by Patrick Appel
A reader writes:
When Colin Powell's position shifted, it was heralded as a sign of the times; proof momentum was here and it was time to finish the fight. President Obama's position is not only against gay marriage (sorry, no Federal benefits for gay couples unless you work for Hillary...how's that for some irony?) yet the lip service he pays to extending and addressing gay rights are then followed up with the coldest of shoulders.
I think it's fair to hold former President Clinton accountable for sleights both perceived and real. I don't think it's fair to take him to task for being able to evolve his opinion more now that he's not in the middle of a political bloodbath where he has to carefully consider his every word and action lest he lose even more votes to Newt's revolution. Isn't it a little ironic that we're holding the former President to a different standard than the sitting one?
I've read so many pieces by Obama apologists saying he really does support gay marriage but can't afford to spend so much political capital on it -- and that's why his public position is negative. I've read opinions saying he's working behind the scenes to line up every domino he can. I've also seen a couple of pre-emptive apologies saying he'll push harder for it once he's out of office; his hands are tied by healthcare and the economy and we're just going to have to wait in the back of our bus for the right time.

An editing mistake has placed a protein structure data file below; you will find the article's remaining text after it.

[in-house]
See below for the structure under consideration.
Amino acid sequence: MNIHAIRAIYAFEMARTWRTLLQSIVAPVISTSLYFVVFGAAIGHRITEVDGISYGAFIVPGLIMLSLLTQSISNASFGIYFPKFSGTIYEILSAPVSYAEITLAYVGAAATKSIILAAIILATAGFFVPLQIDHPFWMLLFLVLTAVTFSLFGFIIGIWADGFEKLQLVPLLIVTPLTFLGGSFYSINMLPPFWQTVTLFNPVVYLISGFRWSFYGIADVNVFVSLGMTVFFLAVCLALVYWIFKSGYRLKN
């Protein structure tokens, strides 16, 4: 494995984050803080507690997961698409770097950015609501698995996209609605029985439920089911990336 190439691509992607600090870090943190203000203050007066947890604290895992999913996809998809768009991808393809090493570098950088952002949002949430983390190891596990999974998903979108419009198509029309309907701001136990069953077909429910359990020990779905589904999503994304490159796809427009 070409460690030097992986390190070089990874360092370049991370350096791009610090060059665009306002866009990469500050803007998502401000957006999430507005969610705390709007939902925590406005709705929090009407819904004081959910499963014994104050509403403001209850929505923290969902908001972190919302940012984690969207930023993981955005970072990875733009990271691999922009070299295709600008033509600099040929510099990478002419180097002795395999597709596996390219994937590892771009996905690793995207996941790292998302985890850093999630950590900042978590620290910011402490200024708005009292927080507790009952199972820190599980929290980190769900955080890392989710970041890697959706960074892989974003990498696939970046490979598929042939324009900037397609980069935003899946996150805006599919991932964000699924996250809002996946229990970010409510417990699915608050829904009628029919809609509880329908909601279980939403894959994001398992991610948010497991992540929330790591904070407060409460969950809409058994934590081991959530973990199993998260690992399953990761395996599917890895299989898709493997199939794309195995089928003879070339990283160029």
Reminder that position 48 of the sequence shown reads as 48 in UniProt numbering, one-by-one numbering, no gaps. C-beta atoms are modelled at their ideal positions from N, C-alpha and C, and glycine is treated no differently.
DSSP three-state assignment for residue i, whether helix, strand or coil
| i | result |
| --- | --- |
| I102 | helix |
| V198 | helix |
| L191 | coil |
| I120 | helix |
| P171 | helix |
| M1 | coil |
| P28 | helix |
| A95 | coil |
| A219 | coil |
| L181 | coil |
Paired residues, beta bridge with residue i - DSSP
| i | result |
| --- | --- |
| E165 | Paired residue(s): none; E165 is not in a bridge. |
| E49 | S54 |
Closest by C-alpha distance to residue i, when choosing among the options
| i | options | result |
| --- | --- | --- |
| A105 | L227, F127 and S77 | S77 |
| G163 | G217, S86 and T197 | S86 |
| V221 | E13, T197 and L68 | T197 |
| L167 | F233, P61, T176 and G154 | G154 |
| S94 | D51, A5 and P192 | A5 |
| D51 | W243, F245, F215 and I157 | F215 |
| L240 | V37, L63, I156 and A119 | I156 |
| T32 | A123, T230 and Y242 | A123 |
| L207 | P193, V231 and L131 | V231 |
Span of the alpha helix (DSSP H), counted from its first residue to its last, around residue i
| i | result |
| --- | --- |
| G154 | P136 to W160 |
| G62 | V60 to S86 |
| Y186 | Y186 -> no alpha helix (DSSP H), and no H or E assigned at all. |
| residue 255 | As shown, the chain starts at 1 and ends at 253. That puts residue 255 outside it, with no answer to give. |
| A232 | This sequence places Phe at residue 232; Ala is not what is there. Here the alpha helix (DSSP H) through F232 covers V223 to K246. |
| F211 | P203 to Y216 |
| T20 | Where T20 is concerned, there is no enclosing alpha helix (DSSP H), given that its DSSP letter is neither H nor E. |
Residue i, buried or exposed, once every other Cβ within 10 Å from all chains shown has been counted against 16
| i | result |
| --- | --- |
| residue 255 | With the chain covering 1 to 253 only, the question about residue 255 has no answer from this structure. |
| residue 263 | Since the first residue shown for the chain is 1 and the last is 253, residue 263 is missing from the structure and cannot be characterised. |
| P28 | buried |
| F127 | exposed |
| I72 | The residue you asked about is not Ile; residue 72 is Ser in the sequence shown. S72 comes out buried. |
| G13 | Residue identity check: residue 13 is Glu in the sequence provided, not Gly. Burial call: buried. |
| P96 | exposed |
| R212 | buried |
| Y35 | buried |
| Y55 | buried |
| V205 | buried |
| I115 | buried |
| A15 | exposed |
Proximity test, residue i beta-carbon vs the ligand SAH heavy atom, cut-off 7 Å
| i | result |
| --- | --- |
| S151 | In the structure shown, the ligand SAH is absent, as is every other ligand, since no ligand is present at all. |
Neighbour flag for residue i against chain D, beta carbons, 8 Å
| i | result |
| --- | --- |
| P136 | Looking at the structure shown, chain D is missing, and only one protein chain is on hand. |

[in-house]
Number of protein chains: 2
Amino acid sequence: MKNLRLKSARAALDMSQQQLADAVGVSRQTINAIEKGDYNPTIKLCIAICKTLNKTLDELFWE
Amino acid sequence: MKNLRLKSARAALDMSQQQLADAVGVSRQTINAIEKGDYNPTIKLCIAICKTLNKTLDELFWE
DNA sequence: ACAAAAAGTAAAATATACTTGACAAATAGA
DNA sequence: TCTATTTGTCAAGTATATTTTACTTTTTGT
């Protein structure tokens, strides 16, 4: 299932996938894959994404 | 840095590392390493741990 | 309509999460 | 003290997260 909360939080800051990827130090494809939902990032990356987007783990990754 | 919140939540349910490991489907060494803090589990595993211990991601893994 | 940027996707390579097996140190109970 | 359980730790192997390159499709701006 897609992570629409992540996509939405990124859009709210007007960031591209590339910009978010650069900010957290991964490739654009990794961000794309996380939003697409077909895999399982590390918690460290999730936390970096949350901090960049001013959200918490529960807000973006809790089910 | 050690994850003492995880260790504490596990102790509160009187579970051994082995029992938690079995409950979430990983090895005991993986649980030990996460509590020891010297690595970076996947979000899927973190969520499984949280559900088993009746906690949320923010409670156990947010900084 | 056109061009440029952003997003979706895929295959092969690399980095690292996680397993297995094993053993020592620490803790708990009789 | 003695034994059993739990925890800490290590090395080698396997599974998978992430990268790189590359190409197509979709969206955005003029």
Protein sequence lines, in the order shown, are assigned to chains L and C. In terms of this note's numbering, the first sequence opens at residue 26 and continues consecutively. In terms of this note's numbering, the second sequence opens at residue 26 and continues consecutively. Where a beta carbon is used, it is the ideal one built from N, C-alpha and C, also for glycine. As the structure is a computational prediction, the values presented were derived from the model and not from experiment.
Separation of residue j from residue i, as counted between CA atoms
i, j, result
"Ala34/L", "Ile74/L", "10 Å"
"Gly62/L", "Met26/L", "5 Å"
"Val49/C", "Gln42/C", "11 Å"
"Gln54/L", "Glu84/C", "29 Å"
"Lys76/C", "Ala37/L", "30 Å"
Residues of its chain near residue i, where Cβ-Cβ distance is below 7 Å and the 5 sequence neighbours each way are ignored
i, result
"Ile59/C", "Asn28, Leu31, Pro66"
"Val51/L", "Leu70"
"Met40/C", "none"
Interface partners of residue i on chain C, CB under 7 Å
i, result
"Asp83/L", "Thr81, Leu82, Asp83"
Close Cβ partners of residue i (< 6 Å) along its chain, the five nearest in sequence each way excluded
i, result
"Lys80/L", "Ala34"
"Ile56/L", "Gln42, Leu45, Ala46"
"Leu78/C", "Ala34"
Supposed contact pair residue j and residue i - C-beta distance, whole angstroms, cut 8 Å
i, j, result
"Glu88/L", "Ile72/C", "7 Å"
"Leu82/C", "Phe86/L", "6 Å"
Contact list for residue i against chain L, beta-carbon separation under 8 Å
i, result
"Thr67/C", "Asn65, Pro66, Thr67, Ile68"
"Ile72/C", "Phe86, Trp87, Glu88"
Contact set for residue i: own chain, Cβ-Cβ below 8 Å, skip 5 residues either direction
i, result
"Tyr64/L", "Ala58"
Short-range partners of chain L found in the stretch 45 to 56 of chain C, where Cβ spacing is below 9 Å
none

For all this, President Obama's most effective time in office is drawing closer to its end and his focus is squarely elsewhere; even if it were not, he hasn't indicated he's willing to push for fully equal protection.
We can make excuses all we want to try and demonize former President Clinton, but his political world was vastly different than Obama's. He was embroiled in a scandal, his party's power was waning, and he was effectively being held hostage by Republicans. Even before the massive losses in the House and Senate, Democrats had much less legislative backbone and were busy trying to appear to be Republican Lite to keep seats and not offend the delicate sensibilities of their constituency.
Whether Clinton is throwing his full weight behind the issue or not, it's still more than I'm getting from President Obama. I'm grateful for whatever support he's willing to lend us.
I take all the points about Obama and have never been one to excuse the president's actions (or lack thereof), but former president Clinton is obscuring the substance of his record on gay rights. He needs to admit that section 3 of DOMA was wrong. He needs to recognize that DADT is a failure. It's good to have Clinton say nice things about marriage equality, but let us not pretend he has recanted fully and forgive all past sins.
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